Snap out of it, Britain. Brexit won’t save you

Hmm . . . put my kids out of work or stay in the damned EU? Decisions, decisions

Winston Churchill: You’ll still see his face on the fiver – if you’re lucky enough to have a fiver in your pocket. Photograph: PA Wire

Winston Churchill: You’ll still see his face on the fiver – if you’re lucky enough to have a fiver in your pocket. Photograph: PA Wire

 

In an unhappy reversal of the apocryphal myth about the Inuit, it seems as if old British people are prepared to abandon their children on the ice floes if it means that Churchill can stay on the fiver, beer can still be served in pint jugs and Antiques Roadshow can remain uninterrupted by any future release of Nelson Mandela.

I exaggerate more than a little. But a recent survey from YouGov does suggest that the relevant demographic is moving in that direction. The polling organisation asked Brexit voters the following: “Regardless of whether you think such an occurrence is likely, would you consider significant damage to the British economy to be a price worth paying for bringing Britain out of the EU?”

This is all about the economy. Isn’t it? The myth put about is that the UK can now, unhindered by EU shackles, negotiate deals with the wider world that guarantee eternal prosperity.

Heed this. Fully 61 per cent answered “yes”. Only 21 per cent delivered a firm “no”. So just a fifth of Brexit voters were prepared to say that separation was not worth having if it led to “significant damage” to the economy. Who cares if service industries crumple? The EU flag will no longer appear on number plates. The British will no longer have to queue with beastly French when exiting Dublin airport. They’ll be waiting behind visitors digging out entry visas issued in impossibly distant bits of the British Commonwealth.

Yes, we have no bananas

The poll got scarier. When those voters were asked if they felt they or a family member losing their job was a price worth paying for Brexit, a slim plurality of 39 per cent said “yes”. Thirty-eight percent said “no”. The older the voters got the more they prioritised Brexit over economic stability. Remember that the oldest voters are likely to be retired. Economic collapse will be of more consequence to their descendents than to themselves. It really does seem that, for too many, maintaining unfiltered Britishness is more important than their grandchildren’s financial security. Yes, we can’t afford bananas. But the bananas we can’t afford have, at least, not been straightened by Barmy Brussels Bureaucrats.

In a spirit of fairness, we should note that emotional madness affects Remainers too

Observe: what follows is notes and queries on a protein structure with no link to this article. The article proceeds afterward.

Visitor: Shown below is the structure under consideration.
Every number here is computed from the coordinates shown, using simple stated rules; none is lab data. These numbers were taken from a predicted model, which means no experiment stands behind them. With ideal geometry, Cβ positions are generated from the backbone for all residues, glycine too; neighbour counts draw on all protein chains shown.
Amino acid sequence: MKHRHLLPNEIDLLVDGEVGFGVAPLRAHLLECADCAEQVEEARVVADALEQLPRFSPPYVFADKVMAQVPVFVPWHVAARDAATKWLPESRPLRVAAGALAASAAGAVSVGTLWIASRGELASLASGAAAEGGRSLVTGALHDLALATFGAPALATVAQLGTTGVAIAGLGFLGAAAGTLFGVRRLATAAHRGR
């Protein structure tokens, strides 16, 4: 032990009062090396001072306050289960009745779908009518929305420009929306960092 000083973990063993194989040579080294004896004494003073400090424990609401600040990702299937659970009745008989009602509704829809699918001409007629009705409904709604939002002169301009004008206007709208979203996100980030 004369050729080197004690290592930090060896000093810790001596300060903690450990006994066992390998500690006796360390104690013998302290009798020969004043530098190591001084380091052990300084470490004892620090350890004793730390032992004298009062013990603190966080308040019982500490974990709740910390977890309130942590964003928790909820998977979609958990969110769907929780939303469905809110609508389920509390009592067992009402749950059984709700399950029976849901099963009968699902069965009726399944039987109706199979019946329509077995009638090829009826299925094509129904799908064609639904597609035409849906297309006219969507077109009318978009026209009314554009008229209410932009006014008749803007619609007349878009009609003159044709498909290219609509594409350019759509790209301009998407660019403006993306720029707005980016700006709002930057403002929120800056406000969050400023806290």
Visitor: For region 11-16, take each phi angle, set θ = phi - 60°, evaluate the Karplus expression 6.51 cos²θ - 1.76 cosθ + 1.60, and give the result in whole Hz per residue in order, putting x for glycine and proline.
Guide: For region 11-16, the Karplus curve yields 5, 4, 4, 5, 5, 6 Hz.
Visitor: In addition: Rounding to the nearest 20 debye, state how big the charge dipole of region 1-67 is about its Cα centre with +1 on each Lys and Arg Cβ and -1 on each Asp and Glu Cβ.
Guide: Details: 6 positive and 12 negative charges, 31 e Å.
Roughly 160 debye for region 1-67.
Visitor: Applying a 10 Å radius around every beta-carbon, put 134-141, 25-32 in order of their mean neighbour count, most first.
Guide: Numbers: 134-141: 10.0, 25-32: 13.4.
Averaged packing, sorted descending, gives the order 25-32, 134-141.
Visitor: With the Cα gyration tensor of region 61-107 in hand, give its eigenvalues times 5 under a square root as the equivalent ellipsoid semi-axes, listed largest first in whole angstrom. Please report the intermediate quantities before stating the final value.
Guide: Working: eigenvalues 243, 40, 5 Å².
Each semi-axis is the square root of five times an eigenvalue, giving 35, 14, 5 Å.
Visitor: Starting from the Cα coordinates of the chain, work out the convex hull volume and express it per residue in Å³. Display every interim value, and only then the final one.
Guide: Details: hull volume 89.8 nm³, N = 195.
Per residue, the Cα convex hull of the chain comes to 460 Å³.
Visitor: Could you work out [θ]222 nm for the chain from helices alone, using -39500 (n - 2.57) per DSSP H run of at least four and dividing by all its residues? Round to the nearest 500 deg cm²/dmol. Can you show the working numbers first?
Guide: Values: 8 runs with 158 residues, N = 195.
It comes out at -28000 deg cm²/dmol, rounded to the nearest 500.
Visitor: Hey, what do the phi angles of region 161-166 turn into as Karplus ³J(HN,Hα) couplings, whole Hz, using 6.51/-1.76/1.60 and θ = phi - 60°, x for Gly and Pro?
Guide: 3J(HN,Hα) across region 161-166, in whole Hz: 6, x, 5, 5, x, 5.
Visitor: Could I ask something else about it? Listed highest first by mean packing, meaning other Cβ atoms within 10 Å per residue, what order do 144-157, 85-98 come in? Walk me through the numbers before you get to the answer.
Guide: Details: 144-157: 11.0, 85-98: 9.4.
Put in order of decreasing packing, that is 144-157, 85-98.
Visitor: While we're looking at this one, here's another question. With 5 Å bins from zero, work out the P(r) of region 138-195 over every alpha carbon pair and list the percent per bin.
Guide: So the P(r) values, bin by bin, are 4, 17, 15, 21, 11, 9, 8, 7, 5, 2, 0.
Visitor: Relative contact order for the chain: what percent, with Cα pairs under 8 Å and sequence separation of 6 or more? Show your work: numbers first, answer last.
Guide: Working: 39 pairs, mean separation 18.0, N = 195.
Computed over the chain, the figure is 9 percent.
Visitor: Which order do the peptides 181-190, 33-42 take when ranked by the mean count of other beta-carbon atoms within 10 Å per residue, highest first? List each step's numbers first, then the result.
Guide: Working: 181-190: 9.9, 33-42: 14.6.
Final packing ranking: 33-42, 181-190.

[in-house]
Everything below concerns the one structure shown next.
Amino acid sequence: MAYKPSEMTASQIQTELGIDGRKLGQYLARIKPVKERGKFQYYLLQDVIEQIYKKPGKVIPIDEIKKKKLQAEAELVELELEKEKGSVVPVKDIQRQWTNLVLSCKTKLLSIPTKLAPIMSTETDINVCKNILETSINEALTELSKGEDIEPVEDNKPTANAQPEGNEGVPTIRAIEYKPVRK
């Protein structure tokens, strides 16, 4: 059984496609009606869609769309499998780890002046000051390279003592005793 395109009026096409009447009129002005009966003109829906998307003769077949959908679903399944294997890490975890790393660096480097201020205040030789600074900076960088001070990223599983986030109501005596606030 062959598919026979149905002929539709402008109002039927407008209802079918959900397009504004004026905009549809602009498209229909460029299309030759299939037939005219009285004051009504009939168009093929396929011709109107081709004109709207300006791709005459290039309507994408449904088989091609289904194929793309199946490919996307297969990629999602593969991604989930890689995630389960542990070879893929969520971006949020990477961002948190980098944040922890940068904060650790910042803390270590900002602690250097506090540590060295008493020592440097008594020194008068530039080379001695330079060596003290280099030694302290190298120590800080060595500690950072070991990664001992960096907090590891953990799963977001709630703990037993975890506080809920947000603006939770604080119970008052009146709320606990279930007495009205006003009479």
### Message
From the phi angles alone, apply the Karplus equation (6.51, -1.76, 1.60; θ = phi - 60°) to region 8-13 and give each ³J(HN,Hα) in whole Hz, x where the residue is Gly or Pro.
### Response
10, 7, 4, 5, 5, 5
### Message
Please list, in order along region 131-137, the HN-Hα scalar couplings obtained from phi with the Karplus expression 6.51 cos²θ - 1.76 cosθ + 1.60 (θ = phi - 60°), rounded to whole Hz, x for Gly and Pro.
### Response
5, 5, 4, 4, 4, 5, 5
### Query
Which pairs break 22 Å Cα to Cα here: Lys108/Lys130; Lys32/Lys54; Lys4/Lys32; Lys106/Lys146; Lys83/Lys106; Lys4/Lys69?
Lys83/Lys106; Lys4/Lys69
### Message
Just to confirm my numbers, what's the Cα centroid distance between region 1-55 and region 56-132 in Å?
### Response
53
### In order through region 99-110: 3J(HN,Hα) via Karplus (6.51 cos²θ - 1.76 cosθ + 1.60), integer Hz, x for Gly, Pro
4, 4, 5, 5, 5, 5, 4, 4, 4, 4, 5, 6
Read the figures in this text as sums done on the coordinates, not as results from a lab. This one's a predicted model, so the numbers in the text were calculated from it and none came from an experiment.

The rush towards Brexit has sent its supporters into the sort of emotional fervour you expect to encounter at a Christian revivalist meeting. It’s not an economic argument. It’s possession. Patriotism is like that. They’re shaking with the spirit of Jesus and speaking in tongues. Listen to some of the things they are saying. Just last week the younger Ian Paisley suggested that “Ireland will wise up and leave the EU”. Elsewhere, Daniel Hannan MEP, among the most fervent preachers for the Church of Brexit, was going further and implying that Ireland might re-enter the United Kingdom. “It would surely be logistically easier to treat the British Isles as what it has always been – a single customs area,” he bellowed from his Twitter pulpit. Testify! Testify!

Robot pontiff

Another poll went some way towards exorcising crazier demons. Commissioned by European Movement Ireland, it told us that 88 per cent of Irish people think the country should remain in the European Union. A staggering 99 per cent of students agreed. What sort of outlying view is held by just 1 per cent of students? I’m guessing that more believe the pope is an android or that horses speak Swedish. None of this will, however, do much to calm the holy Brexiteers.

In a spirit of fairness, we should note that emotional madness affects Remainers too. Those answering “yes” to the complementary question – preferring economic chaos to leaving the EU – numbered a hefty 34 per cent. Counter-revivalist mania is less fervent than the other sort, but there is still a fair bit of it about. We saw more of this last week when a rumour that EU flags had been banned at the BBC Proms generated social media fury about reactionary kickbacks from a blimpish establishment. The story proved to be untrue. But it allowed the Remain camp its own moment of religious mania.

The mass delusions are, nonetheless, more vigorous for those in the Leave tent. Kicking up ironies with which no satirist would dare toy, the Daily Mail reported “shambles at airports” while “holidaymakers queue for hours as Brussels imposes tough passport checks”. What did you expect? It’s not going to get better. It’s only going to get worse. One of the results of cutting yourself off from your neighbours is that you end up being cut off from your neighbours.

Snap out of it. This is real life. God won’t save you. Brexit won’t save you. Then again, the results of that poll suggest the Brexiteers aren’t really that interested in being saved. A glorious calamity might suit them just as nicely.

Dunkirk is still in cinemas.

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